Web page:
Myspace Dangers: Cops Round Up Online Sex Offenders - - Tyler, Longview, Jacksonville |ETX News


Myspace Dangers: Cops Round Up Online Sex Offenders

Just who is chatting with your son or daughter on  A KLTV investigation found more than a dozen local sex offenders on the wildly popular "Place for Friends", as Myspace is called.

It's not illegal for most sex offenders to be on Myspace, but it is for several men in Rusk County. Just as we were looking more closely at who's on Myspace, so was law enforcement. 

Of the 130 million on Myspace, thousands in East Texas, there were 12.  Sex offenders in cities and towns.  All were apparently active on Myspace where there are no hard-and-fast rules, no boundaries, and no police.

"I really didn't know much about I heard a little bit in the news," says Jon Johnston, who has been a probation officer in Rusk County for three decades.  Offenders given a second chance check in with him, and there are rules for each of them.

"The last couple [of rules] are about using the email and the Internet."

Cornelius Simon was one of the twelve we found in our investigation.  Kevin Stephenson was another.  Both are registered sex offenders.  Both are convicted of an aggravated sexual assault.  The victims were 13 and 14 year old girls.

Johnston says both men are supposed to be nowhere near Myspace or the Internet at all.

"I actually set up an account to go in and view some pictures, and see who they were talking to. And we got some good information that it was some young, underage, females they were talking to -- the same thing that got them into trouble to begin with," he says.

He says the pictures on Myspace, match their mugshots.

"So there's no mistake about who they were," he says.

Johnston says that's all he needed to move to revoke probation. 

Rusk County Sheriff Glen Deason and his deputies were armed with a judge's order for the first arrest of its kind in Rusk County.  Officers found 19-year-old Kevin Stephenson at his Henderson home.  His apparent online home lists nearly every personal detail: what he hates, what he likes.  It's a virtual self-portrait.

Within minutes last Tuesday, he was having his day in court.

He was to stay off the Internet, but online there are 89 Myspace friends of Kevin Stephenson. They were almost all young women.  A few even said they were under 18.  And many of them were apparently engaged in active conversations.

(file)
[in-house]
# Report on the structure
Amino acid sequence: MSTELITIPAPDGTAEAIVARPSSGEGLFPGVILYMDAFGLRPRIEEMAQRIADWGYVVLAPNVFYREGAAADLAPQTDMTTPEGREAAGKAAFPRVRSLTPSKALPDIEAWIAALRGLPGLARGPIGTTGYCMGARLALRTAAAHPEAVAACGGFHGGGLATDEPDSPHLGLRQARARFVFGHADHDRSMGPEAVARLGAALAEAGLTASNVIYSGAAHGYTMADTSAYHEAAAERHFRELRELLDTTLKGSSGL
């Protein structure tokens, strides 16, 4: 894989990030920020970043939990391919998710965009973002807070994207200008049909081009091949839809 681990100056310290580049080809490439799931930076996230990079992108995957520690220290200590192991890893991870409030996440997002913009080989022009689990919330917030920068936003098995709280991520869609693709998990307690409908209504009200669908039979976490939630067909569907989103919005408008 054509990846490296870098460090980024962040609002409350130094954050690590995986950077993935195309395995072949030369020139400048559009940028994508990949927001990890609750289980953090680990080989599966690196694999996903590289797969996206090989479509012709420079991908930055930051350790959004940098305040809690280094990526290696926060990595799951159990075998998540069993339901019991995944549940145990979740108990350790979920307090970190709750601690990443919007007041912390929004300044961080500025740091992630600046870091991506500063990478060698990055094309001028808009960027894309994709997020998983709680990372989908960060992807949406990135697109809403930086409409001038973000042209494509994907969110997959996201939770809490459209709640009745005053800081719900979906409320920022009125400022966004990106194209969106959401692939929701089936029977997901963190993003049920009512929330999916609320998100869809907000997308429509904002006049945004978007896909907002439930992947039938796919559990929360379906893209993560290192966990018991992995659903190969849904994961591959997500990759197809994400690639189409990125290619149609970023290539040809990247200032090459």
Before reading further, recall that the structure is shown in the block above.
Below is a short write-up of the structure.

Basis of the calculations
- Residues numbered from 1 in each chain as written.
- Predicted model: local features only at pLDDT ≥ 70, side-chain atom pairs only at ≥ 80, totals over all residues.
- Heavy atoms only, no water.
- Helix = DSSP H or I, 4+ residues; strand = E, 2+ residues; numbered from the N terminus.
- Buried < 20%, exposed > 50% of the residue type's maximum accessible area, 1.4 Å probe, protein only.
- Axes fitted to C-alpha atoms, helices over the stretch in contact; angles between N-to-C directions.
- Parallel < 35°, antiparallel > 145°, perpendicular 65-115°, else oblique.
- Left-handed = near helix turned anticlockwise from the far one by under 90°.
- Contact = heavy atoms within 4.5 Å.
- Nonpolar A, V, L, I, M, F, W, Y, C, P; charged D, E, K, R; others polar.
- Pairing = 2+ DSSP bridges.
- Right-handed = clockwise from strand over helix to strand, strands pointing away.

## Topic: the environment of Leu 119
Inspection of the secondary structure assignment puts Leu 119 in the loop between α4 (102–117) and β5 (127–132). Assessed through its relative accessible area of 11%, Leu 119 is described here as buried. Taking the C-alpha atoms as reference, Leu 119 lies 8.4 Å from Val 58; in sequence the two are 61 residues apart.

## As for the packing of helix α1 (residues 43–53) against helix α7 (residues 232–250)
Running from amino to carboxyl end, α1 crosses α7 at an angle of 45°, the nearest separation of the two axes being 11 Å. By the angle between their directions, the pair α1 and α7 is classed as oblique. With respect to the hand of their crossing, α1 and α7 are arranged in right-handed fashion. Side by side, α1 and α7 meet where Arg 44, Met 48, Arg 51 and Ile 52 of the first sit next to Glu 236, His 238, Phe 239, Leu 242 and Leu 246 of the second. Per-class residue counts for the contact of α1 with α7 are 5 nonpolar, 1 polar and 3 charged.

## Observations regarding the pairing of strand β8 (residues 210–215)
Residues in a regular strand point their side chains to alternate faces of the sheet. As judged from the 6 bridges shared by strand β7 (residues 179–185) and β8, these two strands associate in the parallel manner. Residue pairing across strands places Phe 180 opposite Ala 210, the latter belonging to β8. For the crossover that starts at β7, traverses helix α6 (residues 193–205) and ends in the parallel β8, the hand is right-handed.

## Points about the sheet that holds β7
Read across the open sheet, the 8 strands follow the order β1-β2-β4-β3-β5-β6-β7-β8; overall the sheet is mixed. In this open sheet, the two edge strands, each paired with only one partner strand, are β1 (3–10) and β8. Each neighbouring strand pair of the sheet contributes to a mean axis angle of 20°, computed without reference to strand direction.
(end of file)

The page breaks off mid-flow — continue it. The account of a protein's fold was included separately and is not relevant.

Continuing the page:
In court, Kevin Stephenson spoke. 

"Can I say anything?"

Justice of the Peace Bob Richardson: "If you want to. You got something to say?"

Stephenson: "I was... I don't understand what they are talking about this Myspace. I know what Myspace is.  I don't even get on there!"

Richardson: "Listen to me Mr. Stephenson. We're not here to try you. We're here to arraign you, set your bond,  and make sure you know your rights."

At the same time, blocks away, officers found Cornelius Simon, 23.  His alleged probation violation was a Myspace page, but only his photo was visible by the general public. 

"That anyone would put their picture on there -- they have no defense," probation officer Johnston says.

Deputies told KLTV when he when he was arrested, he was at home alone, with his young sister and her 13-year old friend.   That was another violation of his probation.

These are two cases in one city.  How many more are out there?  Probation offices are being told statewide to search Myspace to see if their sex offenders are following the rules. 

"The age of the computer has brought in more crime... in more ways than we can think of," says Sheriff Deason.

Officers say they try to track illegal activity, but it's ultimately up to parents to police their children, especially in cyberspace where there are no borders, and no bounds.

Another man was arrested by Rusk County authorities as well and officers say while he didn't put his photograph on a Myspace page, they believe he was active there.  24-year-old Daniel Prather was serving ten years probation for indecency with a child.  The victim was a nine-year-old girl.

By the way, in court appearances this week, bond was set at $15,000 for all three of the men in this report.

Morgan Palmer, Reporting

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